While much effort has clearly been made to return to the roots of the Pirates of the Caribbean franchise, however, there is one thing that really makes this latest film different from the first one (and, of course, the sequels), this being that, like so many other blockbusters being released this year, it is being released in 3D. Unlike many 3D movies as of late, though, this one has been shot using 3D cameras, although the visual effects have apparently been rendered in 2D then converted to 3D in order to keep the budget down. On Stranger Tides also has something else that provides a major distinction from the other films in the franchise, in that is not simply a sequel but also a sort of book adaptation, being loosely based on the 1988 pirate novel On Stranger Tides by author Tim Powers which told the story of a quest to discover the Fountain of Youth and also coincidentally featured a protagonist named Jack, even though the character was significantly different to Jack Sparrow. 

This film is not the first thing to draw inspiration from Powers’ novel, the LucasArts computer game The Secret of Monkey Island also claiming to be inspired by it, and, just like that game, the words “inspired by” are perhaps key to how true the film actually is to the book, the poster actually using the words “suggested by” rather than “based on”, suggesting that this probably isn’t a film to see if you’re looking for a completely faithful adaptation of the literature that it purports to be based on. Literary inspiration aside, however, most people won’t be going into Pirates of the Caribbean: On Stranger Tides expecting a faithful adaptation of Tim Powers’ novel but rather an enjoyable romp much like what was offered by the first Pirates movie. Is director Rob Marshall truly up to the task of restoring the Pirates of the Caribbean franchise to its former glory, though, and will Disney Head of Production Oren Aviv’s hope that this film will be “the first of another trilogy” become a reality?

Captain Jack Sparrow (Johnny Depp) has been searching for the mythical Fountain of Youth for some time now but his quest has amounted to nothing, the map that can lead him there not enough to get him there without a ship and a crew, of which he currently has neither. In London to free his long suffering second in command Mr Gibbs (Kevin McNally) from the authorities who are preparing to hang him in the belief that he is Sparrow, Jack discovers that someone has been pretending to be him and is putting together a crew for a mission to find the Fountain. And the pretender isn’t the only one who is interested in the Fountain of Youth. Apprehended by the authorities and summoned before King George (Richard Griffiths), it turns out that the crown is also out to locate it and that time is of the essence if they are to beat the Spanish, who already know its location, to the most valuable of prizes. Commanding their mission to locate the Fountain is Captain Barbossa (Geoffrey Rush), who is now a privateer in the service of the crown, having lost the Black Pearl and his leg to Blackbeard (Ian McShane), the most feared of pirates who sails the seas without code or morals, and, believing that Jack has already located the Fountain, they need his assistance to plot a course there.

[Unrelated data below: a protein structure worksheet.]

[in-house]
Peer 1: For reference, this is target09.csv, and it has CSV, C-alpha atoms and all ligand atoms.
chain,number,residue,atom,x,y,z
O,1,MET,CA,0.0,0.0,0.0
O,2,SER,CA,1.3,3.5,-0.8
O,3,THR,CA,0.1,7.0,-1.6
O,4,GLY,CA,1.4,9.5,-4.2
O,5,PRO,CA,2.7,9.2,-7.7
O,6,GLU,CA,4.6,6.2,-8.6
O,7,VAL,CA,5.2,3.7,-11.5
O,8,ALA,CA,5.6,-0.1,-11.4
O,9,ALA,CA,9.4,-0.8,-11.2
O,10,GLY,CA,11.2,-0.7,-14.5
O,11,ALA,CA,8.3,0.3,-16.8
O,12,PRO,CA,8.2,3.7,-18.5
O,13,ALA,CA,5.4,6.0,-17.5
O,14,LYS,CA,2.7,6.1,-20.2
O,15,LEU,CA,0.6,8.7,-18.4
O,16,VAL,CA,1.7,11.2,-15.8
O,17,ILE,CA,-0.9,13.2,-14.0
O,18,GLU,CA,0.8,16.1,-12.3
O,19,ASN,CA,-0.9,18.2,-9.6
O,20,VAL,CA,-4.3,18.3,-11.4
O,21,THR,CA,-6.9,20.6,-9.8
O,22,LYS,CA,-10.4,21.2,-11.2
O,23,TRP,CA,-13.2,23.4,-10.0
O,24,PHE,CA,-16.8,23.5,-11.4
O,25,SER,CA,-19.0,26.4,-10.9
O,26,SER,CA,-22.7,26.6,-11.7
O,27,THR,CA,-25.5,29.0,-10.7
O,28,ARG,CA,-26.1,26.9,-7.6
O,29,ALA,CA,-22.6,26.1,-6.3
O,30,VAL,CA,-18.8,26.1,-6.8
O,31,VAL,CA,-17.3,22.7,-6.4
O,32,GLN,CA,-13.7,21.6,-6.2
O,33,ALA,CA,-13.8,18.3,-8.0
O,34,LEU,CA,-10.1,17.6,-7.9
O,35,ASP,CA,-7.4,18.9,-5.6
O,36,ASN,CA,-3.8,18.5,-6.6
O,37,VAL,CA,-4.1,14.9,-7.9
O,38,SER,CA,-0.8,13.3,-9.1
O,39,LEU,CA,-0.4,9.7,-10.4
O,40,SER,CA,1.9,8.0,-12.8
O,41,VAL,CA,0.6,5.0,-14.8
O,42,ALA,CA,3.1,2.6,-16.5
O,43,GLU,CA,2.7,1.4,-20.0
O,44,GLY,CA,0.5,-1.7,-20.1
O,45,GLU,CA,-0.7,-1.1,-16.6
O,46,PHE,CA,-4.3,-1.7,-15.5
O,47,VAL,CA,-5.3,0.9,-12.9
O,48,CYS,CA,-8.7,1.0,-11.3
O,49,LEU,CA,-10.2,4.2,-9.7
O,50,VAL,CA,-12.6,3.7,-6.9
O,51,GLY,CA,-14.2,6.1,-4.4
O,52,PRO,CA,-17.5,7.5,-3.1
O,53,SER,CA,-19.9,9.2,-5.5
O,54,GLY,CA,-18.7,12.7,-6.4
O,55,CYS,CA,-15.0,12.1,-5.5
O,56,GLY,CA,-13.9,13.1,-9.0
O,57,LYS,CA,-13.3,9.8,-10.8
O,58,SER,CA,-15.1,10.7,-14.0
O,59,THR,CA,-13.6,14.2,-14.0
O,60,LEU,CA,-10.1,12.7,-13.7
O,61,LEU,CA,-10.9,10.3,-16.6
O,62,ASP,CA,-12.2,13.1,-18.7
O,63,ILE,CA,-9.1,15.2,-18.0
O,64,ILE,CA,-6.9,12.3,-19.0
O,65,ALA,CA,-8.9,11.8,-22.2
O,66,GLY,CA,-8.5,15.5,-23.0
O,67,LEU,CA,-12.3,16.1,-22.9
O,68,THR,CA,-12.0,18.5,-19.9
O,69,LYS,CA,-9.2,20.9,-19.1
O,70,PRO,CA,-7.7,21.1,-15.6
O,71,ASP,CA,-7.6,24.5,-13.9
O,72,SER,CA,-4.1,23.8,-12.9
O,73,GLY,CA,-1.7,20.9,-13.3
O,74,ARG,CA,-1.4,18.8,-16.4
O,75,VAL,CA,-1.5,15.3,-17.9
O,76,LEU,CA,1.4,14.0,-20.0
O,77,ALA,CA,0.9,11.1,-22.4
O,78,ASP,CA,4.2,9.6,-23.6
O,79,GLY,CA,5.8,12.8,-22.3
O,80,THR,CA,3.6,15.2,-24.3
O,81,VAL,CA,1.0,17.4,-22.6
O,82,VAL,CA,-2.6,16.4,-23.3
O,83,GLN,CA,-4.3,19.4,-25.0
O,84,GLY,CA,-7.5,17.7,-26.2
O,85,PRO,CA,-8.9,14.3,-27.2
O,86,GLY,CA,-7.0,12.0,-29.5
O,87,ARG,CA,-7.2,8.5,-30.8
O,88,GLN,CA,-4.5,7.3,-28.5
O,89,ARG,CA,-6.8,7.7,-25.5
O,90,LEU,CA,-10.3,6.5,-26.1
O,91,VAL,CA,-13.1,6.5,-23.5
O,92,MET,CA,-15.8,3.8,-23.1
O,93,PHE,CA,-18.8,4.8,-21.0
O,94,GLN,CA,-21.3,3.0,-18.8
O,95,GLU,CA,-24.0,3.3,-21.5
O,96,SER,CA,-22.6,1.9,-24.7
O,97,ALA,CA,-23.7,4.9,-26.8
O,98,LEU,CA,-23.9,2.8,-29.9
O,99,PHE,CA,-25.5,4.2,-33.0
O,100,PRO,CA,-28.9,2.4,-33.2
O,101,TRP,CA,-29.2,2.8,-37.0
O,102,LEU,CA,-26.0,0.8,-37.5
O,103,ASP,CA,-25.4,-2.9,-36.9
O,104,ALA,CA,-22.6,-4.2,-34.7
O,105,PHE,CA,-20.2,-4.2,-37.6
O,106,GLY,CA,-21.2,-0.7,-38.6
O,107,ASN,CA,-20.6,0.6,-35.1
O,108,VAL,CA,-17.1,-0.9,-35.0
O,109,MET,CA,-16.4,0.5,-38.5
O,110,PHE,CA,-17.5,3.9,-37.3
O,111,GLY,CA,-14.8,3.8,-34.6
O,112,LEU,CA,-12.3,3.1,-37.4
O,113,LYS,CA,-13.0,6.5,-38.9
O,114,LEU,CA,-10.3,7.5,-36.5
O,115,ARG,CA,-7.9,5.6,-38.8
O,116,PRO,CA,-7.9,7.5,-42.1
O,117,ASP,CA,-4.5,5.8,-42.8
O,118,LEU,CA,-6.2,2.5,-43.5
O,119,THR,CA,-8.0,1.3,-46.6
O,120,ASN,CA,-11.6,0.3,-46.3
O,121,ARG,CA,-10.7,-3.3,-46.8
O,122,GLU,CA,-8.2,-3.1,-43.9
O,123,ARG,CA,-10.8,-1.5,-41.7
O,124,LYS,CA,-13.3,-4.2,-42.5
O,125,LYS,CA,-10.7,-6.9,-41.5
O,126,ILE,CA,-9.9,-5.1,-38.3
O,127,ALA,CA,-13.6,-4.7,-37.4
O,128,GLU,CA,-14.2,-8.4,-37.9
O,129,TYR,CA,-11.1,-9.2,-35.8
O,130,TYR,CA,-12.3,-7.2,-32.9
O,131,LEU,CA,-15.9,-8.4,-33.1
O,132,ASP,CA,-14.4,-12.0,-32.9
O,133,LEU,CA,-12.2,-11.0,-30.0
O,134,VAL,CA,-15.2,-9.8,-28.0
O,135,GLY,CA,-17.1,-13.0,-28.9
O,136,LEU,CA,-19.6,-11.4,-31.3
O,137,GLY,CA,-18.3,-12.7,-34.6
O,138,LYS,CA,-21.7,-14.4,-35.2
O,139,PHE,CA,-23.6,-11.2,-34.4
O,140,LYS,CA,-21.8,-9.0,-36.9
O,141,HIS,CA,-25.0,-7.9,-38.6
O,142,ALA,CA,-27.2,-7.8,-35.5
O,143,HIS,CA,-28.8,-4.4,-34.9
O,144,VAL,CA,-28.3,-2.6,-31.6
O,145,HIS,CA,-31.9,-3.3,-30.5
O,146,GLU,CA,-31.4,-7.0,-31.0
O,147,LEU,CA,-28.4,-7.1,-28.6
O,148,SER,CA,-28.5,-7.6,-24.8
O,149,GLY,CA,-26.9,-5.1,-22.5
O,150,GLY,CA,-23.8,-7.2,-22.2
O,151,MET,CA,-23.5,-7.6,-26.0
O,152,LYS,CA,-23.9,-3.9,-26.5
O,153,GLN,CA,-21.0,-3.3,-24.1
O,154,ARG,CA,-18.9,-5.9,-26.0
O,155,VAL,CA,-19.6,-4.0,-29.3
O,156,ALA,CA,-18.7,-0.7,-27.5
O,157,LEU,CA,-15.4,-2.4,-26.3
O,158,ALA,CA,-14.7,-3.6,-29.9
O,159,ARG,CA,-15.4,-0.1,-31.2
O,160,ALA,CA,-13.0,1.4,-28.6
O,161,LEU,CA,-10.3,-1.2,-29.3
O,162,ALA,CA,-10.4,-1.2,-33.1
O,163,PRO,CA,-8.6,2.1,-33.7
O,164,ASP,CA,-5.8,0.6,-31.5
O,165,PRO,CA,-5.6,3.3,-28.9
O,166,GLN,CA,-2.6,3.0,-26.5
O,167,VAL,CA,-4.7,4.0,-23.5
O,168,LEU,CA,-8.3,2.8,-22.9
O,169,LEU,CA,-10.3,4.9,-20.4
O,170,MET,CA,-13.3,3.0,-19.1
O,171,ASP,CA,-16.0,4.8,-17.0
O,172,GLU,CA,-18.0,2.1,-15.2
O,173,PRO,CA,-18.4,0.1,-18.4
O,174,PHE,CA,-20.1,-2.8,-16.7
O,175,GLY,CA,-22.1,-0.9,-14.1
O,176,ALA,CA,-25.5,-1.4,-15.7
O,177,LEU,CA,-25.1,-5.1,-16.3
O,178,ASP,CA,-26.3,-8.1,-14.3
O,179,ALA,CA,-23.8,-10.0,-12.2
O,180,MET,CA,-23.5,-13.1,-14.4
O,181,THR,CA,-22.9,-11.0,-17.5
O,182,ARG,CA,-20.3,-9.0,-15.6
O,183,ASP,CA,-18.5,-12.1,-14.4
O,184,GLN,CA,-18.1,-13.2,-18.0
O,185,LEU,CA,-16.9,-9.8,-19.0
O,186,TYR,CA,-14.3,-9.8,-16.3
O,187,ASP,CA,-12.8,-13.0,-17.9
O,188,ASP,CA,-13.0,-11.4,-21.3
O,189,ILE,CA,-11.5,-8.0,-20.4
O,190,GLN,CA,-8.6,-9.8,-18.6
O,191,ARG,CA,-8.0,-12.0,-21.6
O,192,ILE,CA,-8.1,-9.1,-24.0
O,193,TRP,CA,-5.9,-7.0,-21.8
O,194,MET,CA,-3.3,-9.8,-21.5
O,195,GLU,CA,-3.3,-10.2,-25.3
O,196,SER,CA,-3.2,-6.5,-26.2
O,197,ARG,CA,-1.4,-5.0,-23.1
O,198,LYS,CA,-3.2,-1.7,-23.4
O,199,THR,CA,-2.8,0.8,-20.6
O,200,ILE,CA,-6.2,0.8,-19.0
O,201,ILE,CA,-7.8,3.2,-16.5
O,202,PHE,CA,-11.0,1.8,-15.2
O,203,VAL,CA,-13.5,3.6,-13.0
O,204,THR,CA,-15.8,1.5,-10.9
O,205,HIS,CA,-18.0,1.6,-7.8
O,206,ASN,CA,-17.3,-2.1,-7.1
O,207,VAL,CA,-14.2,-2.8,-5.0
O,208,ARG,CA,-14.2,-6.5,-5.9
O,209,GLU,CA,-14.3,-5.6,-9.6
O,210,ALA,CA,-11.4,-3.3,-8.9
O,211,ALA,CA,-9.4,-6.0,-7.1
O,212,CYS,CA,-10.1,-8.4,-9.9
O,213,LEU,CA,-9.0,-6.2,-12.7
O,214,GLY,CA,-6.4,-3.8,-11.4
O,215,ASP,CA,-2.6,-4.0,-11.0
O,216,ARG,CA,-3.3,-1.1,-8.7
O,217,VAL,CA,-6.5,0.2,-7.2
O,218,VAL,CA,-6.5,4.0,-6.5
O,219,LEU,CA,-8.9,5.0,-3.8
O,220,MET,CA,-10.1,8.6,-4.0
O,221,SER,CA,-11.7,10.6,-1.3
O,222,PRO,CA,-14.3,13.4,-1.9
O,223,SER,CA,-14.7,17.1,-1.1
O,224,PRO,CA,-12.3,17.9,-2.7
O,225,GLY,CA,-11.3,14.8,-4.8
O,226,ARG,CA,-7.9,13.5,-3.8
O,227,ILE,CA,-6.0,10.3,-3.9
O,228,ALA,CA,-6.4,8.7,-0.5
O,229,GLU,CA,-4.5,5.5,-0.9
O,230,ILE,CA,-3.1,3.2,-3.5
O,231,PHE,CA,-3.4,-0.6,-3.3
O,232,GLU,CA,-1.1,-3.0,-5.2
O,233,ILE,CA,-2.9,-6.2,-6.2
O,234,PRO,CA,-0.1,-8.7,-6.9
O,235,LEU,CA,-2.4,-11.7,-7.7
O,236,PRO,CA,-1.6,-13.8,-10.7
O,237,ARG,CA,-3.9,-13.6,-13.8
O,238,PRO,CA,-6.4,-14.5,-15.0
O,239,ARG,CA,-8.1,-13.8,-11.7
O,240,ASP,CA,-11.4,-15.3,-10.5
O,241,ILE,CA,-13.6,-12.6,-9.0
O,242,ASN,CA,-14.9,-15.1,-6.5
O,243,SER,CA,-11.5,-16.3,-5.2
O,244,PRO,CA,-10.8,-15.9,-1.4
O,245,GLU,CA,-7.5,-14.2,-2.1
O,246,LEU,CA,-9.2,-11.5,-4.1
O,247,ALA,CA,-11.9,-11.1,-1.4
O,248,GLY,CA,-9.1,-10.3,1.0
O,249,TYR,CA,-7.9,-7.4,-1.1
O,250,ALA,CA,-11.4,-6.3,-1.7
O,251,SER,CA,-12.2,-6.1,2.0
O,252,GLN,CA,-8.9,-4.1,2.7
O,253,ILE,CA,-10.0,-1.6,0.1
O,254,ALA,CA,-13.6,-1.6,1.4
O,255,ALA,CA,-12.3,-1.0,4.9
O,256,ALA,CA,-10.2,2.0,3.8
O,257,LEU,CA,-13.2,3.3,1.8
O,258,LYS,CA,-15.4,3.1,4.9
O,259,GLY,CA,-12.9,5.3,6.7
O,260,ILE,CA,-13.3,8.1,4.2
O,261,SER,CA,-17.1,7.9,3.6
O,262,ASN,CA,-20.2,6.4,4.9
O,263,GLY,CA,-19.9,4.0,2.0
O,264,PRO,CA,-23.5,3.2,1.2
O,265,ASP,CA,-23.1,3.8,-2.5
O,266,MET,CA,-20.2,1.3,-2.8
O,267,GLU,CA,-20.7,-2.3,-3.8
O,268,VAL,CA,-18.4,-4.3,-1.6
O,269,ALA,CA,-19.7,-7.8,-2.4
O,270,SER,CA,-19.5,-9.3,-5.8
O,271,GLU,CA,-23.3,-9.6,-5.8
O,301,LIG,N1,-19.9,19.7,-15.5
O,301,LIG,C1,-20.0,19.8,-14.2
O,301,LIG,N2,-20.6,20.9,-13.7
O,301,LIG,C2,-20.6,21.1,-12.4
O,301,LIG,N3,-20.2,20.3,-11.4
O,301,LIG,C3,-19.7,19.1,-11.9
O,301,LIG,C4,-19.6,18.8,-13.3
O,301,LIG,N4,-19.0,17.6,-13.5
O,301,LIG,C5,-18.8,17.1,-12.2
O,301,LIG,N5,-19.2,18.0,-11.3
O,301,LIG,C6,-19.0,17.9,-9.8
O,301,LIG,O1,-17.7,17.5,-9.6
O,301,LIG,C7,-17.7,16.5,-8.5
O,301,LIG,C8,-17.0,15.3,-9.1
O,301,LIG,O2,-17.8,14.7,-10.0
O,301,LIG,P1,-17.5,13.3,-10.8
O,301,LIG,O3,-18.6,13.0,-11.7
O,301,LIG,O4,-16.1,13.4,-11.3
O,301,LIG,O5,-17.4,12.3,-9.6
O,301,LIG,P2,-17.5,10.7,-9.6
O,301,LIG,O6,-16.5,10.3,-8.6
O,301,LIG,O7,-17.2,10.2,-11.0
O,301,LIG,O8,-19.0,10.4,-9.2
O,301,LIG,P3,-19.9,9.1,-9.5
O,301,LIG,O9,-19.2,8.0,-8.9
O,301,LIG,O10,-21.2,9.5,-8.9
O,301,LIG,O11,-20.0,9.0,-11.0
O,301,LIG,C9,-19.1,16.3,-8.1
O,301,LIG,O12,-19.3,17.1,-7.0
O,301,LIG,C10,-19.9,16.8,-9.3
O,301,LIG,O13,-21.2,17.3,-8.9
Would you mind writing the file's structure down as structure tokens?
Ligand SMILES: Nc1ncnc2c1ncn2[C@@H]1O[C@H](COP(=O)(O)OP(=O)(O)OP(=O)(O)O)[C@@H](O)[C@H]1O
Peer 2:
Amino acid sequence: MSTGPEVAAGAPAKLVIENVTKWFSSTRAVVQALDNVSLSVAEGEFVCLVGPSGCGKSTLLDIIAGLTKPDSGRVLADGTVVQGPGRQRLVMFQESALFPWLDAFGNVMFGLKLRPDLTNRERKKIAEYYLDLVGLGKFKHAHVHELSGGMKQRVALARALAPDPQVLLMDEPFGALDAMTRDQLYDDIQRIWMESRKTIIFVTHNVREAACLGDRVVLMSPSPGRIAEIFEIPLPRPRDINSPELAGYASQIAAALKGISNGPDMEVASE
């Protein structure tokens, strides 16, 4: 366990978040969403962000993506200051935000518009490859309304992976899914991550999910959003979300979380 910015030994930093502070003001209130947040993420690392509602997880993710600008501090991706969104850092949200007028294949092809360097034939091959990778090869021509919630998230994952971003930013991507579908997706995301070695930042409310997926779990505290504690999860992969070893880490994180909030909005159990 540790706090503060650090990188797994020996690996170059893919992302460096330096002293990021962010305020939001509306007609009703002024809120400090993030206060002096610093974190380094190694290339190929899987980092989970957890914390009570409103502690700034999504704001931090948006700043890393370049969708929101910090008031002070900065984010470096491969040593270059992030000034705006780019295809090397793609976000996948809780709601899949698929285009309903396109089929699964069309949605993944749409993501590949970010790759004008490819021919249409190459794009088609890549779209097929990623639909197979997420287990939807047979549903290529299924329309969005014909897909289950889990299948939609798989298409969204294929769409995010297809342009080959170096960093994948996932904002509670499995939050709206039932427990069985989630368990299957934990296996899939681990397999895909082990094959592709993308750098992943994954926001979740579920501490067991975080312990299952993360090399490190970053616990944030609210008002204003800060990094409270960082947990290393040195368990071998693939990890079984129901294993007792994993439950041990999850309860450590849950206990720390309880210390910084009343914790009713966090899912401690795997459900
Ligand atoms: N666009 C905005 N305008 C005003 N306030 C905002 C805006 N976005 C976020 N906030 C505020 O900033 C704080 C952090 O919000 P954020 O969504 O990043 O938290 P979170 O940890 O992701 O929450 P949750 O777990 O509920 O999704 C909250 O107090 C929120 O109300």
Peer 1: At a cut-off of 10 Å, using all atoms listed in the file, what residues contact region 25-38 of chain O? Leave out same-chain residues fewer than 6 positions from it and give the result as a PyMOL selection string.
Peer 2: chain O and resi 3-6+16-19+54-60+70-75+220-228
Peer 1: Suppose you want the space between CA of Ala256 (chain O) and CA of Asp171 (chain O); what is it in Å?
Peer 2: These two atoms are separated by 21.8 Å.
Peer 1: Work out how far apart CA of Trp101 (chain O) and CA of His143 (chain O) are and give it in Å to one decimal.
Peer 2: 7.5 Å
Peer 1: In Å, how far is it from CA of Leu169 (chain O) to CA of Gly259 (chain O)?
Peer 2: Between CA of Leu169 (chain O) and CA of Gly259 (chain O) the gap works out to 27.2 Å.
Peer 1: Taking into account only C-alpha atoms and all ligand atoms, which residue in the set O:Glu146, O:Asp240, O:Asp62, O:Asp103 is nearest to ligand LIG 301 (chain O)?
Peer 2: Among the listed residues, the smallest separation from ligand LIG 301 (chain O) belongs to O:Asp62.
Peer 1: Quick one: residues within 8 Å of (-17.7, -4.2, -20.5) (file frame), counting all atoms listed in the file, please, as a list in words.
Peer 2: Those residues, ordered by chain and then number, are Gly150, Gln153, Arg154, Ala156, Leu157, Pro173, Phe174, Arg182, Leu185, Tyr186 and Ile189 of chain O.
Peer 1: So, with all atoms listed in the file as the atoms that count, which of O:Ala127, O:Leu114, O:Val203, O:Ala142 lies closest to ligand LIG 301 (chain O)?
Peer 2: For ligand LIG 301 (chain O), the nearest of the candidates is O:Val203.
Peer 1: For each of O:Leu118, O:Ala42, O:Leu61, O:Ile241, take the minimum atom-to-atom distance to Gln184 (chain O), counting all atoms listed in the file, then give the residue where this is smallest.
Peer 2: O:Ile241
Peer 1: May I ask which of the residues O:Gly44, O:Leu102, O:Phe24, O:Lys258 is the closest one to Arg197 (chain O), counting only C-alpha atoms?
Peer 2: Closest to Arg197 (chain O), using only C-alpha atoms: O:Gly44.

Jack, however, is disinclined to acquiesce to their request and swiftly makes a break for freedom, his escape bid inadvertently leading him to his father Captain Teague (Keith Richards) who warns him about the tests that he will face if he continues his search for the Fountain. Soon after, Jack discovers the identity of the impostor who has taken his name, one Angelica (Penelope Cruz), a con artist with whom Jack has a very personal history, her being the only woman he may have ever truly loved. Finding himself captured by his manipulative old flame, he becomes a prisoner aboard the Queen Anne’s Revenge, the pirate ship captained by none other than Blackbeard with an iron fist, him employing voodoo practices and zombification of those directly beneath him in the chain of command in order to assure complete and absolute obedience. It transpires that Angelica is actually Blackbeard’s daughter and first mate and she is out to save her father from the fulfilment of a prophecy that his life will shortly be taken by a one legged man by locating the Fountain of Youth to restore his life. Angelica also believes that Jack knows the location of the Fountain and he finds himself unwittingly going along with them on their quest. Before they can make their way towards the Fountain, however, they must capture a mermaid in order to obtain some of its tears which are essential in order to perform the ritual necessary to restore life at the Fountain. Mermaids, however, while appearing beautiful, are monstrous creatures that feast on the flesh of sailors seduced by their angelic appearance and capturing one is not an easy task.